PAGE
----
In this edited volume, the real dialogue begins. Therapists speak openly and honestly about their self-disclosure practices, decisions and clinical dilemmas. Bloomgarden and Mennuti bring together research, training and tales from their clinical experience to illuminate lessons derived from their own journeys toward judicious, balanced self-disclosure practices. In a readable fashion, the stories highlight a variety of self-disclosure and boundary issues that occur in the course of psychotherapy. Numerous treatment modalities and clinical orientations are represented.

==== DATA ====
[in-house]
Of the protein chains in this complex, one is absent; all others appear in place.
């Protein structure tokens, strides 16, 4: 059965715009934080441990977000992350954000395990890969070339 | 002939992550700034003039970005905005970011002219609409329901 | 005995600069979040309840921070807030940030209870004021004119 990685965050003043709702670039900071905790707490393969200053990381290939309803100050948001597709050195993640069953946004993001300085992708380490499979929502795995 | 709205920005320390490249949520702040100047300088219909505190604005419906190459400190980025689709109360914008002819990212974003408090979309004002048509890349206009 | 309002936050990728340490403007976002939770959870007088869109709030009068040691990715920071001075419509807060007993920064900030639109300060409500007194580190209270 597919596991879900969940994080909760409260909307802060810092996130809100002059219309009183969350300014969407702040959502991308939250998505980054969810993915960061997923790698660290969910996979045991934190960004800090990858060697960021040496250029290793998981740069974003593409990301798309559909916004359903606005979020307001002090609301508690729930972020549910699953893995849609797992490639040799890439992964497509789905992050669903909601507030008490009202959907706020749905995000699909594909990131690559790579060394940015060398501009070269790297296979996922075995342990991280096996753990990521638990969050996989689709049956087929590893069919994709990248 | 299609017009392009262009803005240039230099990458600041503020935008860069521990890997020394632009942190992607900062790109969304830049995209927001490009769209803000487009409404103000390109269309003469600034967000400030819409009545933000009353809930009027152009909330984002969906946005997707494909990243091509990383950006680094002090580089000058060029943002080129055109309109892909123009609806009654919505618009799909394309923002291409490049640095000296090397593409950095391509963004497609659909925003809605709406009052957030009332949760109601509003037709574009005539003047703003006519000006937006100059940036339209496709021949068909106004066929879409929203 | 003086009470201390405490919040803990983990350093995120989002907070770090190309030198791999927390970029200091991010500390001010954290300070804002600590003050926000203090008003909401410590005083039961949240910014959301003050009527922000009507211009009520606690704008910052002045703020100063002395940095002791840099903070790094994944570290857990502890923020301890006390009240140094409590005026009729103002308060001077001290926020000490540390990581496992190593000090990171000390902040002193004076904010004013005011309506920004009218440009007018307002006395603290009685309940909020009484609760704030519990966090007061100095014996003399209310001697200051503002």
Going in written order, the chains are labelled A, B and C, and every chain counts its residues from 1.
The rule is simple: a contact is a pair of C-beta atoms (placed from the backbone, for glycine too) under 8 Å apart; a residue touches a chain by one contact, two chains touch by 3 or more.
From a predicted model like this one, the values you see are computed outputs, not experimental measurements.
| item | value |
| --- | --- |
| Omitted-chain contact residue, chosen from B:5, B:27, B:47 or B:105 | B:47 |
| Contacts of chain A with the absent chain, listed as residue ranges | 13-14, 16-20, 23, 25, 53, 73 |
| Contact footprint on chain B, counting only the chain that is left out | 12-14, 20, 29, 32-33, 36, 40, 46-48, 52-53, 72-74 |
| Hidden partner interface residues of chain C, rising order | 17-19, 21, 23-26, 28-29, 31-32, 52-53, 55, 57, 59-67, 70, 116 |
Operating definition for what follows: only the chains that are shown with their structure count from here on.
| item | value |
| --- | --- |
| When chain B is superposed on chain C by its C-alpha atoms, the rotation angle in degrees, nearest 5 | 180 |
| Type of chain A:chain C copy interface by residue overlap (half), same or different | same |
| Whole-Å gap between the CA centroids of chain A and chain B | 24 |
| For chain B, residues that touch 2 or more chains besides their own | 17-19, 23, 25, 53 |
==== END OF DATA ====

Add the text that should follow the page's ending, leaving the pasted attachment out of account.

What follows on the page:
The collective wisdom offered through these stories, which includes suggested guidelines and a standard of care for good practice, will assist the reader in developing a better understanding of what it means to self-disclose appropriately, recognizing a flexible middle ground between “too much” and “too little” along with responsiveness to client need. The Freudian based taboo that rigidly warns against all self-disclosure is antiquated, and a more reasonable, balanced perspective is under way. As a psychotherapeutic community, including psychologists, social workers, art therapists, counselors, dance/movement therapists who are all represented in this book, it is time to talk openly about a balanced, judicious, and therapeutically appropriate approach to self-disclosure and boundaries. Bravely, that is exactly what the authors in this book have done.
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